Directed by: Tim Burton
Written by: Daniel Waters
Starring: Michael Keaton, Danny DeVito, Michelle Pfeiffer, Christopher Walken, Michael Gough
The success of a superhero tends to rely on the quality of the villain that opposes them, especially when you get to the sequel. The hero, at this point, has been established and already vanquished one enemy, so the stakes need to be raised and the antagonists need to pose a bigger conflict or challenge the hero in a completely different way. In the case of Batman Returns, they pushed that idea far into the creation of the villains and it paid off.
After vanquishing the Joker, Batman (Michael Keaton) must contend with the political rise of a peculiar man named Oswald Cobblepot (Danny DeVito), while also fighting off an interesting new foe in Catwoman (Michelle Pfeiffer). With new challenges presented, Bruce must balance his identity and the duality it represents in his life.
The superhero genre is typically not known for having great acting performances, especially as the budgets get higher. There’s too much action that needs to take place, to truly let an actor marinate with a scene and display their acumen. There are certainly some gems, but the greatest of them all has to be Michelle Pfeiffer as Catwoman. A performance that garners a huge sex appeal, while also blending comedy and pain all into one character. Selina Kyle has the puns that one would expect with these Burton Batman movies, but she delivers them in such a fantastic way. She even sells the scene where she mentions that she will bathe herself and licks her leather outfit much like a cat would take care of themselves. She demands the spotlight each time she appears on screen and becomes the biggest highlight of the film.
Pfeiffer is given the opportunity because Batman Returns fixates on the villains more than the actual protagonist. It opens with the birth of Cobblepot and how he’s dumped by his parents for his physical deformities. The story then shows Selina Kyle and her work as a secretary. The first quarter of the film sets up these characters in a way that Bruce Wayne doesn’t have any real substance until we reach the 35-minute mark of the movie. A bold decision, but one that ultimately pays off. It allows the audience to sympathize and really understand where these characters come from. This intentional allocation of time allowed Pfeiffer to chew it up, along with Danny DeVito.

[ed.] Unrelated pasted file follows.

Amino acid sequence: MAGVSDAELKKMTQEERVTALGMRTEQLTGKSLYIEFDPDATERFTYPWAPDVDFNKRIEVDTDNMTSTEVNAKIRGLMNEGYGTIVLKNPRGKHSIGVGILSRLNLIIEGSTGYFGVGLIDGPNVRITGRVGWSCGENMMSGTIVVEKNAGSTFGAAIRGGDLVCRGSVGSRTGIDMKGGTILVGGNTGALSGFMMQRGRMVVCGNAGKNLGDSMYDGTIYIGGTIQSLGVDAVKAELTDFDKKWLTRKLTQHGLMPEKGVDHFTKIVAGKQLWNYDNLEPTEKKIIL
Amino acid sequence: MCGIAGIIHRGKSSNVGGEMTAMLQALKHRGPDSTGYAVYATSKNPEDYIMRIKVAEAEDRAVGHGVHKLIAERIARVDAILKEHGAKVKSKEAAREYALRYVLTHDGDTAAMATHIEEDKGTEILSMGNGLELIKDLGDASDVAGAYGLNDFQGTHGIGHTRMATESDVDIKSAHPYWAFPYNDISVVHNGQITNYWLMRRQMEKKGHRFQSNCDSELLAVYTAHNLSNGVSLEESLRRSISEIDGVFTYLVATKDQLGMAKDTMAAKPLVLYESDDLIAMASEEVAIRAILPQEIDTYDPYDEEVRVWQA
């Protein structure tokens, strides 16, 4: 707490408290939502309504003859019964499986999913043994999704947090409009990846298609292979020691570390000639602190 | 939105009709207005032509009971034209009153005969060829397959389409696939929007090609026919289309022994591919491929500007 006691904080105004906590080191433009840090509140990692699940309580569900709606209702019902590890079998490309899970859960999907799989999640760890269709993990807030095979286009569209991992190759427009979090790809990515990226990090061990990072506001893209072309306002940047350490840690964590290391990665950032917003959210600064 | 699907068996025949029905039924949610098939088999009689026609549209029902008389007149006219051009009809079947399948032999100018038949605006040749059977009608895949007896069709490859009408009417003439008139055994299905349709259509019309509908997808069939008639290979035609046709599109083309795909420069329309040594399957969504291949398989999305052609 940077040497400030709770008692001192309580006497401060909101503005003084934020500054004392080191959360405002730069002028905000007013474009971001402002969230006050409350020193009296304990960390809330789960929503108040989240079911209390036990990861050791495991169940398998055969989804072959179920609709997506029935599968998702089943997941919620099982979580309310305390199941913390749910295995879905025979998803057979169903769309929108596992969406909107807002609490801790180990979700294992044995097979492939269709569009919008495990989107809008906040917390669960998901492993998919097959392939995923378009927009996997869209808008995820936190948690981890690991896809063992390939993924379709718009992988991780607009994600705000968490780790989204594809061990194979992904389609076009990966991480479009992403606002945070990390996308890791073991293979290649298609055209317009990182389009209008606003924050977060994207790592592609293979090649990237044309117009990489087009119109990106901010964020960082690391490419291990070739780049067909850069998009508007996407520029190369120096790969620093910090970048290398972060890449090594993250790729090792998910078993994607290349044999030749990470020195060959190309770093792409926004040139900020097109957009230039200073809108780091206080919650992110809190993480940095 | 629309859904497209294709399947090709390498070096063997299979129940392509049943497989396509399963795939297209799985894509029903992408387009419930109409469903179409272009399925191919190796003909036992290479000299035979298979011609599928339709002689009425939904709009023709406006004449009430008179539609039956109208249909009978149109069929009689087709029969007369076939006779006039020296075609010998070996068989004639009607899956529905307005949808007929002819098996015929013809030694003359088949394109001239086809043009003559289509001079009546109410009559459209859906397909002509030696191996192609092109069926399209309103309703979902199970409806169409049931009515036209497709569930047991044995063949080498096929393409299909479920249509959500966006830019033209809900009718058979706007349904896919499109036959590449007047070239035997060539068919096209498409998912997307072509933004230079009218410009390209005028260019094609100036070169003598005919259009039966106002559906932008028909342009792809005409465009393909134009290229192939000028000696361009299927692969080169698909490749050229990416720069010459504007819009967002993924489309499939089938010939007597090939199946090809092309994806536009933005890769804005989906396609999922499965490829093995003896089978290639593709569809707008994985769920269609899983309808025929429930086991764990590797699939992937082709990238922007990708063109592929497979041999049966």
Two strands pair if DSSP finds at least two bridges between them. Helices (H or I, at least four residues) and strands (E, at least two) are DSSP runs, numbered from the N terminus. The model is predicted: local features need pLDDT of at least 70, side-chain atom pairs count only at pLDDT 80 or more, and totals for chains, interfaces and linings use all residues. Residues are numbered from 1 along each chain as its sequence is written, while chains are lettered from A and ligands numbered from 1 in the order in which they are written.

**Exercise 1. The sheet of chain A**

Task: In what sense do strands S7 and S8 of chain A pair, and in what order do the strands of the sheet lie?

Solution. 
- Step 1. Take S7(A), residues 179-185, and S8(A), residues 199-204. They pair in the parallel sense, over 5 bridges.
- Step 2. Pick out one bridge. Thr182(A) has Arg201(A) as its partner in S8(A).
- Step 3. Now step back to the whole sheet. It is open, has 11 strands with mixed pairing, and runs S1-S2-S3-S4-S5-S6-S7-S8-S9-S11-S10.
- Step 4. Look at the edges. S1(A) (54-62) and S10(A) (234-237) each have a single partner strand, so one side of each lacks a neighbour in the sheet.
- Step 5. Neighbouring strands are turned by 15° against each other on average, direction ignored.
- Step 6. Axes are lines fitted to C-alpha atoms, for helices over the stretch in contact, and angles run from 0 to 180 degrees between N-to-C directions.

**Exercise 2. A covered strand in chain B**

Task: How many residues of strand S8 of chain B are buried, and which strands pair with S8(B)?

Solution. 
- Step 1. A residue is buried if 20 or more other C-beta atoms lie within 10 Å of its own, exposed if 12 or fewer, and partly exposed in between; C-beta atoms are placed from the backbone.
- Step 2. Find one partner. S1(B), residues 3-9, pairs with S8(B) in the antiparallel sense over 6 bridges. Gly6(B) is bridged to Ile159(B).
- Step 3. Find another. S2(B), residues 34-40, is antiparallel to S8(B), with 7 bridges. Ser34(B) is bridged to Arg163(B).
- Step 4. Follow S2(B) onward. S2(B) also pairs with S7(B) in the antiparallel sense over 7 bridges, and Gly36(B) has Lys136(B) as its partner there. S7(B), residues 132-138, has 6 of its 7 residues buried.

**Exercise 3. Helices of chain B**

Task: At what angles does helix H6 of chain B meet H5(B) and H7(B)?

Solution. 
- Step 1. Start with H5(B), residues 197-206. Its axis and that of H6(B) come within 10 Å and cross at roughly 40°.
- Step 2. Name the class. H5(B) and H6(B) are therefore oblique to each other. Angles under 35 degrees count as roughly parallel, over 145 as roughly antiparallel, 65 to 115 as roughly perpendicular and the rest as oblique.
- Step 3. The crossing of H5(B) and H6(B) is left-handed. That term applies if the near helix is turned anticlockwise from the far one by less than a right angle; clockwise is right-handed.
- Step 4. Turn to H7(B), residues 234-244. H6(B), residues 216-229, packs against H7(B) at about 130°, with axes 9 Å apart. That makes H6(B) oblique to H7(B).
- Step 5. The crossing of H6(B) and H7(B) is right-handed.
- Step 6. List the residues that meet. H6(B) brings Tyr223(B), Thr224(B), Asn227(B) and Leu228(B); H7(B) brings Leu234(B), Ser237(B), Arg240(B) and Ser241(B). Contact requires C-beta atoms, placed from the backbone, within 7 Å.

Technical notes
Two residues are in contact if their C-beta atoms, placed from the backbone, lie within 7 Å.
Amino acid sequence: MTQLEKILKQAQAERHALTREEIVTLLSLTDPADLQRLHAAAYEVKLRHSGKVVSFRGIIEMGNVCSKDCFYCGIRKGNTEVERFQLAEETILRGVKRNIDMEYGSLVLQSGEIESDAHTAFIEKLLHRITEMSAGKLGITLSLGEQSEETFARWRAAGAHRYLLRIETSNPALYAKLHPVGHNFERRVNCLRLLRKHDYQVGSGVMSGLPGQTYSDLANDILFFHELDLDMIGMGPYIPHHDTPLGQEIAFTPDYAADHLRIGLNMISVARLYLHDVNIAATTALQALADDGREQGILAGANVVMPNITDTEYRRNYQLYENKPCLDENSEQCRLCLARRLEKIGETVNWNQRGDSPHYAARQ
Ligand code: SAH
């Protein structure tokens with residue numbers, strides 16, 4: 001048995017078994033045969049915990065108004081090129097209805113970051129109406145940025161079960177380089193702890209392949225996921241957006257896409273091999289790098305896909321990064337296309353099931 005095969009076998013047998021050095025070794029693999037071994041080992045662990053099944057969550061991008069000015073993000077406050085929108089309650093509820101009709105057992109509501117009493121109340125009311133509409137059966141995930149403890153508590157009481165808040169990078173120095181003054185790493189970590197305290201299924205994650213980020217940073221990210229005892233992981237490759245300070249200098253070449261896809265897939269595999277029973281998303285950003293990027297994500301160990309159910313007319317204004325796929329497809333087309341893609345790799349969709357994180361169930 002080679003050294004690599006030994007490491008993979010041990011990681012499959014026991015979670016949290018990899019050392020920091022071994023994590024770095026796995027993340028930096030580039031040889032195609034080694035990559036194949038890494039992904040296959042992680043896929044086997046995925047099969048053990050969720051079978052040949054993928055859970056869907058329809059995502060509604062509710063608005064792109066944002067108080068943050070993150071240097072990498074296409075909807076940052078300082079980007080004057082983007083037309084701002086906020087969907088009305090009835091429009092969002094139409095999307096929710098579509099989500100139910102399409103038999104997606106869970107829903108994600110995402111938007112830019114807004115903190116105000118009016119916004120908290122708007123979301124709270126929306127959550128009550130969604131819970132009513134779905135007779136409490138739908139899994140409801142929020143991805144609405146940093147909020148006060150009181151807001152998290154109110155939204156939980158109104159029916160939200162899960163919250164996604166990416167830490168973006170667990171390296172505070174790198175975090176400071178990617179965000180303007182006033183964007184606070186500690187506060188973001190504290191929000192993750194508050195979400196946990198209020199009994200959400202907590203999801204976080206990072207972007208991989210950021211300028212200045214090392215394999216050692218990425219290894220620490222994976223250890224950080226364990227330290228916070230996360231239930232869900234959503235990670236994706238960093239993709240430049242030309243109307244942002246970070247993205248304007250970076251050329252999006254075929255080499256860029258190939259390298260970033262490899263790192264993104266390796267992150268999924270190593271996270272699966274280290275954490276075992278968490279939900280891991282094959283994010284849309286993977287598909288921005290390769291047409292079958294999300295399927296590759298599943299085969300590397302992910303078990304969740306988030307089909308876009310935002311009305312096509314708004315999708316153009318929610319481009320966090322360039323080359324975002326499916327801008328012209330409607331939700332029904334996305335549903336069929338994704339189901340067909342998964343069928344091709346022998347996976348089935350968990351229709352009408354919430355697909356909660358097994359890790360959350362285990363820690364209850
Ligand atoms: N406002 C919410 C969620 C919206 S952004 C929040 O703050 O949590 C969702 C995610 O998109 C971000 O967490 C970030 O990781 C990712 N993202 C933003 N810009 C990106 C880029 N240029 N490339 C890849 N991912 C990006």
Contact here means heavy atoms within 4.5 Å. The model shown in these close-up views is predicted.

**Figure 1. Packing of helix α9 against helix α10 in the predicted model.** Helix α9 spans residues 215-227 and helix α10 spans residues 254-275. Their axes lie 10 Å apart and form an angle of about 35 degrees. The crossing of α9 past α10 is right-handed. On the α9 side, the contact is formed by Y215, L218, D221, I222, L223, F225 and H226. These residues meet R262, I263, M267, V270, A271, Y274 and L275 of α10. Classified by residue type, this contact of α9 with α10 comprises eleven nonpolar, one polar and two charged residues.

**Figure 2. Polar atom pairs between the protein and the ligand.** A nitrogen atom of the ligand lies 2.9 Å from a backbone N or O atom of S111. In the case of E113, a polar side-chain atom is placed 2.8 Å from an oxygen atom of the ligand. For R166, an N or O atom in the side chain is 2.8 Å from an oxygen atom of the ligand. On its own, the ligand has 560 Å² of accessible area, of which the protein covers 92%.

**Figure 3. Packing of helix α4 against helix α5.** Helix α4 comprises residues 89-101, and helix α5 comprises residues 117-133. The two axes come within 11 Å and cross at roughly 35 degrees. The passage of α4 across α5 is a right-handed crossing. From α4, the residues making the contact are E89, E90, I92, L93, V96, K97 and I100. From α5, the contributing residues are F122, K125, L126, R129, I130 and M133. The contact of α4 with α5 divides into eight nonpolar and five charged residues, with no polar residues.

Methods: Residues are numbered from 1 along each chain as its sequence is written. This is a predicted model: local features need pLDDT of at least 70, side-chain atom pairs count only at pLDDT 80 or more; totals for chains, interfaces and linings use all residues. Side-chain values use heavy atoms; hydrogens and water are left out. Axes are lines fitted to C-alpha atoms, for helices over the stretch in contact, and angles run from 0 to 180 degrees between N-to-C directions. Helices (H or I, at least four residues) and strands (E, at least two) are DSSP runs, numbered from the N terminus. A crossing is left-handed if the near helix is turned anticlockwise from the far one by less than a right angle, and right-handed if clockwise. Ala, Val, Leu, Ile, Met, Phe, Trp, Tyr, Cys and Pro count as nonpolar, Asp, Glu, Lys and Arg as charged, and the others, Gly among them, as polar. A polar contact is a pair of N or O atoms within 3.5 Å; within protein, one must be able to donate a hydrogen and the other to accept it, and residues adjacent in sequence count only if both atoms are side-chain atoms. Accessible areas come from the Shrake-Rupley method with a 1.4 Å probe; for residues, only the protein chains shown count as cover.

Cobblepot, or as he hates to be called, Penguin, proves to be quite the vile thing. He excretes dark saliva and eats raw fish as if he were actually a penguin. His physical deformity is something else, but he’s also a very horny bird. The film does not have a female character that he doesn’t try to bring back to his nest. The arc of this character does go through many stages, and his attempt to run for mayor totally did not remind me of our current political situation with someone rising to power on nonsense. The makeup team behind this look ensured that any semblance of the lovable DeVito was covered up into creating a disgusting villain that may be cartoonish, but also challenges Batman. Penguin and Catwoman are such incredible antagonists because they relate to Batman in different ways. It could be from Penguin not being an orphan when abandoned by his rich parents and Selina Kyle battling her own duality issues. They hold up a mirror to Batman proving that different circumstances could have led him down a different path.
This leaves Michael Keaton with not much to do but just be the hero, fall in love, and stop the bad guys, which is fine. He’s aided by the incredible and iconic Danny Elfman score of Batman that has stood the test of time. It feels like the default option for me whenever I think of a musical connection to the caped crusader. As the sequel, Batman Returns continues to build on the aesthetic that began in the 1989 Batman. Gotham feels like a real city with tangible residents, who definitely say and do stupid things. It would not be a real city if the residents didn’t fall for the words of a politician with no real platform or experience.
The success of Batman Returns ultimately comes from the performances of the villains. DeVito portrays Penguin in a way that borders a cartoon, especially when he arms some penguins with rockets, but he still feels menacing. Pfeiffer’s performance has remained the gold standard of what a villain could be and no one else really comes close. Even the very basic Max Shreck portrayed by Christopher Walken serves to round out the other two antagonists. I had quite the turnaround with this film between my first and second viewing, and my eyes have been opened to reveal that Batman Returns serves as a worthy sequel despite its various moments of silliness.